FIFA execs have "flagged up a possible American bid" for the '26 World Cup after "the 'staggering' impact of the tournament" in the U.S., according to Martyn Ziegler of the PA. FIFA Secretary General Jerome Valcke told Brazil newspaper Globo, "What we see in the United States is staggering. The audience is unprecedented, more than the NBA." FIFA President Sepp Blatter has "been equally impressed." He said, "It's fantastic -- the level of interest in the USA is very high. This World Cup is really getting under people's skin." U.S. Soccer Federation President Sunil Gulati has previously said that the U.S. "could bid" for the '26 event, but "only if the bidding rules change" (PA, 7/2). But in DC, Marissa Payne wrote the U.S. "might not need to wait" until '26 to host a World Cup, as "talk bubbled up last month about a possible re-vote over the location" of the '22 tournament. It is scheduled to take place in Qatar, but "with accusations of bribery, numerous human rights complaints and news that FIFA 'ignored its own terror alert,' there’s been chatter" that the U.S. "might end up hosting" the event. Whether that is a realistic possibility "might become more clear later this month, however, when FIFA's Ethics Committee has said it will release a report investigating the corruption charges" (WASHINGTONPOST.com, 7/2).
WE'RE NOT GONNA PROTEST: Blatter on Wednesday declared that the World Cup in Brazil "was a success," and said that the "fears of anti-tournament protests had not materialized." Blatter: "I am a very happy man today." The AFP noted the World Cup has "escaped the massive protests that marred last year's warm-up tournament, the Confederations Cup, when hundreds of thousands of people swarmed the streets to denounce" the record $11B spent on hosting the event. The protests "have been much smaller during the World Cup" (AFP, 7/2).
THREE SHEETS TO THE WIND: The AP noted Valcke is "reviving a debate over whether alcohol sales should have been allowed at matches" in this year's World Cup. In an interview with Brazil-based SporTV, Valcke said "maybe there were too many people who were drunk" at the matches. Brazil banned alcohol sales at soccer matches in '03 "in a bid to curb fan violence," but FIFA "insisted Brazil lift the ban in order to host" in '14. Valcke in '12 said that lifting the ban was "non-negotiable," but on Wednesday he "appeared to soften his position" (AP, 7/2).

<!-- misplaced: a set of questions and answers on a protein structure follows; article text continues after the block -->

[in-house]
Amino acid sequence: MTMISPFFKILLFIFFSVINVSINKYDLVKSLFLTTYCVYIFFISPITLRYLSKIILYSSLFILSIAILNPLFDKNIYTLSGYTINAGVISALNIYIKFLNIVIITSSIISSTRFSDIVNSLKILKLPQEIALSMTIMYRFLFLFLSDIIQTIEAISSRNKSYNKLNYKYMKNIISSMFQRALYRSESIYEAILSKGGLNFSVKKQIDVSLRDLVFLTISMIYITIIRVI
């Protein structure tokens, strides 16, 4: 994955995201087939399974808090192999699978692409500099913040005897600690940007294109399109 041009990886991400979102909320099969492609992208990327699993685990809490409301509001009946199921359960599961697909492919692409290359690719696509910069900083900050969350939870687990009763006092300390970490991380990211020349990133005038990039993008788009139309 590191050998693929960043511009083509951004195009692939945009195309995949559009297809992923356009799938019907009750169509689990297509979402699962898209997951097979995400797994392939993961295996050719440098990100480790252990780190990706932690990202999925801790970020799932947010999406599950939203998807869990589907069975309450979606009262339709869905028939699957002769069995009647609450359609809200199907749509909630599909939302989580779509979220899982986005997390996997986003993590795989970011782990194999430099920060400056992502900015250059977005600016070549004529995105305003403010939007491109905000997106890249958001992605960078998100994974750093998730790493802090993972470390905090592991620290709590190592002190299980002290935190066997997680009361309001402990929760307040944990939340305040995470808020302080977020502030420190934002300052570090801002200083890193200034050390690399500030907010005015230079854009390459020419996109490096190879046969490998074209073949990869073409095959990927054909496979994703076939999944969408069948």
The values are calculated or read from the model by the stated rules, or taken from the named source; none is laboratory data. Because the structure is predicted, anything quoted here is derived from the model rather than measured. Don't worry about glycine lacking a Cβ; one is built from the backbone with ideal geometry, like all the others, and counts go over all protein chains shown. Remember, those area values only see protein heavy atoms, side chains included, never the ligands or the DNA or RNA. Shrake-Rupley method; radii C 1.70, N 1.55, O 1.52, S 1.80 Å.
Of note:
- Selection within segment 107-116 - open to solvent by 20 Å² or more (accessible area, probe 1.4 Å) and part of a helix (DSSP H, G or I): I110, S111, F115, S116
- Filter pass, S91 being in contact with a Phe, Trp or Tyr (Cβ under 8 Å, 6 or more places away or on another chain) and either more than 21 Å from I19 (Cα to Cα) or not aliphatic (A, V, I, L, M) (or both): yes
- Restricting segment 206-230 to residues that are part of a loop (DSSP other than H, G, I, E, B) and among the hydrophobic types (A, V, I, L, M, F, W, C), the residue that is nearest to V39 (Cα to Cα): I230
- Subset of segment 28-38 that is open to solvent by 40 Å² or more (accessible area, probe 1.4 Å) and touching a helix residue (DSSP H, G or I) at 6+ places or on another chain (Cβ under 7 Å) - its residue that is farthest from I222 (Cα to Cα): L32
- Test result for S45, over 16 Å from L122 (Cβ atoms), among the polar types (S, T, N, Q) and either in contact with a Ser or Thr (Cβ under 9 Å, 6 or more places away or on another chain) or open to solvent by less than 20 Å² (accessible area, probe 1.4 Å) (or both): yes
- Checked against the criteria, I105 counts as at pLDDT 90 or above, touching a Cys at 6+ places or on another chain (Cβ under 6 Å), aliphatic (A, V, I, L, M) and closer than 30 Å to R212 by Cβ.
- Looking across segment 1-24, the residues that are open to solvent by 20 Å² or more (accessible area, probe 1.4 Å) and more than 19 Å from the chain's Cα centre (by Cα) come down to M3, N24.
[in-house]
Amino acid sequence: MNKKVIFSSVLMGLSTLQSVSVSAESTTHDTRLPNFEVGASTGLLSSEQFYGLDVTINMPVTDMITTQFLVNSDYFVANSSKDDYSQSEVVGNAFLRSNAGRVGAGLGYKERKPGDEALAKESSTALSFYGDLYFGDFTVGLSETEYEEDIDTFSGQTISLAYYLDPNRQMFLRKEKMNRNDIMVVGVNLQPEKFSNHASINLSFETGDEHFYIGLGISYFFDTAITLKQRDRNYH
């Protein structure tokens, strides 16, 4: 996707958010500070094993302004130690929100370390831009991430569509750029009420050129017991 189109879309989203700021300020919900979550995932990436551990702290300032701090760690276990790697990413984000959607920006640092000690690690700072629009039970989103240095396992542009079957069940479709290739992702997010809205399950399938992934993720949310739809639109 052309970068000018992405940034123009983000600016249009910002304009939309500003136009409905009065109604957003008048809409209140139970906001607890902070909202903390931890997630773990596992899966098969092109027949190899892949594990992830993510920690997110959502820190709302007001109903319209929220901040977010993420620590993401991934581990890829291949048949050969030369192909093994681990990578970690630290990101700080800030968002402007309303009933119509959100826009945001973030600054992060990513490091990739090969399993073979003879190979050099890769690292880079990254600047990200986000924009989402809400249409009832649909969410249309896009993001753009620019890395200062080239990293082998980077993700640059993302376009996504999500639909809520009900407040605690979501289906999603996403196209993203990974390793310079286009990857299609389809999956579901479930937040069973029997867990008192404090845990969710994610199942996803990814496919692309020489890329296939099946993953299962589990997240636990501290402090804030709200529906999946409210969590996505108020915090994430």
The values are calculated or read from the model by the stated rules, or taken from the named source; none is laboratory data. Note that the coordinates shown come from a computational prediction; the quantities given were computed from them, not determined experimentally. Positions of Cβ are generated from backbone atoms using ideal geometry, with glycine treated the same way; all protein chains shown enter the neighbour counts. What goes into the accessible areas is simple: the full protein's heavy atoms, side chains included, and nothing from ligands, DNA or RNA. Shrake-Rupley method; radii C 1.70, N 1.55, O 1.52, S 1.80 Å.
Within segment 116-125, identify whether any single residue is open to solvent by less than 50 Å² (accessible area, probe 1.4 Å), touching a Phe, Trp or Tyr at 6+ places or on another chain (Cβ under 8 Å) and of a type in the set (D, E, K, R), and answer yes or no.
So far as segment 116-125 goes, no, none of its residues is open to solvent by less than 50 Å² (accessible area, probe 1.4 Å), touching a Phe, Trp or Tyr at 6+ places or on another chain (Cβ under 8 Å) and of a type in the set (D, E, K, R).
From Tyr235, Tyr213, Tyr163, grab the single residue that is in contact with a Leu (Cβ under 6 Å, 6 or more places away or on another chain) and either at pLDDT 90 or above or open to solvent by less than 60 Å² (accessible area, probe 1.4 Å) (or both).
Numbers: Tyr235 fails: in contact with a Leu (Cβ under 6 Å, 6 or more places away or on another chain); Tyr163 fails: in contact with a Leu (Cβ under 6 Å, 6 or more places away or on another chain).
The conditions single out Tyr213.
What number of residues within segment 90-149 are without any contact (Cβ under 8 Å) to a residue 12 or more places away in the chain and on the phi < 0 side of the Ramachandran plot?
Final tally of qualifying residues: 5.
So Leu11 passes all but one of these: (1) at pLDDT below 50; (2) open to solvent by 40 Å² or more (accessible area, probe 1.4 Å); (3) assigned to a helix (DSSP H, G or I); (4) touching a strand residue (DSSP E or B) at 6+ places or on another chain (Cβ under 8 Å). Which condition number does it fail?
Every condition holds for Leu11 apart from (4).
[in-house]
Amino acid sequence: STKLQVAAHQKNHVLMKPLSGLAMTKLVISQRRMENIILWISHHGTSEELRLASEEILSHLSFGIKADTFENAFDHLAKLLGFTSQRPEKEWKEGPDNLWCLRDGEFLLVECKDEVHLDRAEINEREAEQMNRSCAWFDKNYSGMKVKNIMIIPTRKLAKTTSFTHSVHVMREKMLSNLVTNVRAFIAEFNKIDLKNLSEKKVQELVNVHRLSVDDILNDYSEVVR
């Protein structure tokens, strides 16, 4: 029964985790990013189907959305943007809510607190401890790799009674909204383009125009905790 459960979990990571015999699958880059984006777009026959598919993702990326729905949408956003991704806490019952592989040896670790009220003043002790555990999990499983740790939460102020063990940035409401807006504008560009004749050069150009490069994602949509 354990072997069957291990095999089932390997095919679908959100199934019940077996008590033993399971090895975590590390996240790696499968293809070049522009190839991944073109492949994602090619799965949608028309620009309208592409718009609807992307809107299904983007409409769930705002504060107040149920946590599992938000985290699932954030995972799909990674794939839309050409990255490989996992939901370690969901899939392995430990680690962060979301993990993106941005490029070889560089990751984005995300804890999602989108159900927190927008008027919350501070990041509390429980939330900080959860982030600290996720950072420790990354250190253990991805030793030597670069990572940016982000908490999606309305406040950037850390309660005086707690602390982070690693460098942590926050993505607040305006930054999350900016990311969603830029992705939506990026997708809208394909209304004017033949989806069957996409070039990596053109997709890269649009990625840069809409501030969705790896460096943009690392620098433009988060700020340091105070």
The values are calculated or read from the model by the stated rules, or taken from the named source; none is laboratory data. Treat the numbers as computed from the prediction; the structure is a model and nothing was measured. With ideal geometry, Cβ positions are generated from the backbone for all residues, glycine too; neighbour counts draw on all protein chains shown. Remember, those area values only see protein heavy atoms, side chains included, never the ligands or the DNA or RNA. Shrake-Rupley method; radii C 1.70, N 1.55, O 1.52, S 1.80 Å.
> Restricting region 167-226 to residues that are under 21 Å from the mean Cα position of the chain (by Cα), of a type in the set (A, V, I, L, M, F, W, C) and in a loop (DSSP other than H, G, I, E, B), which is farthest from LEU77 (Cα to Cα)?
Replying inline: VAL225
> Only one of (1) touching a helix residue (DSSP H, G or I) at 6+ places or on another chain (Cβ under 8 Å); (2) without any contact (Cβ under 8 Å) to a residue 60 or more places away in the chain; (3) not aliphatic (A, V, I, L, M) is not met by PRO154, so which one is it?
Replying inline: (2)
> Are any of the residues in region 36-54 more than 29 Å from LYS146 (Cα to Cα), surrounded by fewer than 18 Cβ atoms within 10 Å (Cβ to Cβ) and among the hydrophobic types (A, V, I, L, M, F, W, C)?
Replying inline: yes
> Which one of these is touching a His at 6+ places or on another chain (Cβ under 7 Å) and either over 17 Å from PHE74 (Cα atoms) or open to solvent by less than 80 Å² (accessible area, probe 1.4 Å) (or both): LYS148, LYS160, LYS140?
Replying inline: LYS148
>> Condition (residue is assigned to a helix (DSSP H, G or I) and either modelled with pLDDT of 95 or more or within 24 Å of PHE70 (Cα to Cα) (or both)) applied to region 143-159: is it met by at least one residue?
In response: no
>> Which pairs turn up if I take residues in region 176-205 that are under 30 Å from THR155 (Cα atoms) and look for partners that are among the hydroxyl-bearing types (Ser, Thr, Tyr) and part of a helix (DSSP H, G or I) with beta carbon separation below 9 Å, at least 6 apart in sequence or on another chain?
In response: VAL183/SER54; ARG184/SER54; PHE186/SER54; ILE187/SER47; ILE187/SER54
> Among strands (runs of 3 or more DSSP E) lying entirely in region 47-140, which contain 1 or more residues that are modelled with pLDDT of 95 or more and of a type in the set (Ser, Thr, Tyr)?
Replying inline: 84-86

TPC Harding Park in S.F. yesterday was announced as the site of the '15 WGC-Match Play Championship, which will have a "different format starting next year," according to Jeff Rude of GOLF WEEK. The 64-man field will be divided into 16 four-player groups, and each group "will play round-robin matches Wednesday-Friday." Players with the "best record in each group will advance to 16-man, single-elimination match play, with two rounds on Saturday and the semifinals and final Sunday." The event for the past eight years was played in Marana, Ariz., and has a "one-year deal at Harding." The PGA Tour is "said to be close to getting a 'yes' or 'no' from an unnamed prospective title sponsor" after losing Accenture following this year's event. The one-year agreement "enables the Match Play to remain on the schedule and gives the Tour time to figure out when and where to stage the event" in '16. It had been "held on Week 8 of the Tour schedule, ending the West Coast Swing," and the Tour is "said to want to return to that date again" in '16 (GOLFWEEK.com, 7/2).
THE BEAUTIFUL GAME? REUTERS' Mark Lamport-Stokes reported Match Play organizers "hope that a 'World Cup-type format' will breathe new life into the first of the season's four elite World Golf Championships events where so often in the past the top players have made early exits." PGA Tour Commissioner Tim Finchem said, "It's kind of nice that we're able to talk about that in the context of everybody in the United States being riveted to that format over the last month in Brazil where we'll be playing golf in the Olympics for the first time in '16." Finchem said of the format change, "It's a lot more golf. There are going to be 96 matches for fans here to go out and watch on Wednesday, Thursday and Friday. Secondly, over time, the best players rise to the top so we think that'll be positive as it goes into the weekend. Third, if you're a Steve Stricker fan or a Bubba Watson fan or a Tiger Woods fan, you're going to be able to follow your favorite player for three days hoping that he makes it into the round of 16" (REUTERS, 7/2).
QUAIL HUNTING: In Charlotte, David Scott reports the '15 dates for the Wells Fargo Championship "have been temporarily moved" to May 14-17 to accommodate the Match Play's new time slot from April 29 to May 3. Wells Fargo Championship Exec Dir Kym Hougham said, "The tour asked if we could help out and we were happy to." But Scott notes the move "means the Wells Fargo will be played the week after the Players Championship ... rather than a week before." The change also "lands the Wells Fargo in the middle of Charlotte's NASCAR speed weeks," as the Sprint All-Star Race will "likely be scheduled for May 16 at Charlotte Motor Speedway." Hougham said that the tournament will "return to its early May date" in '16 (CHARLOTTE OBSERVER, 7/3).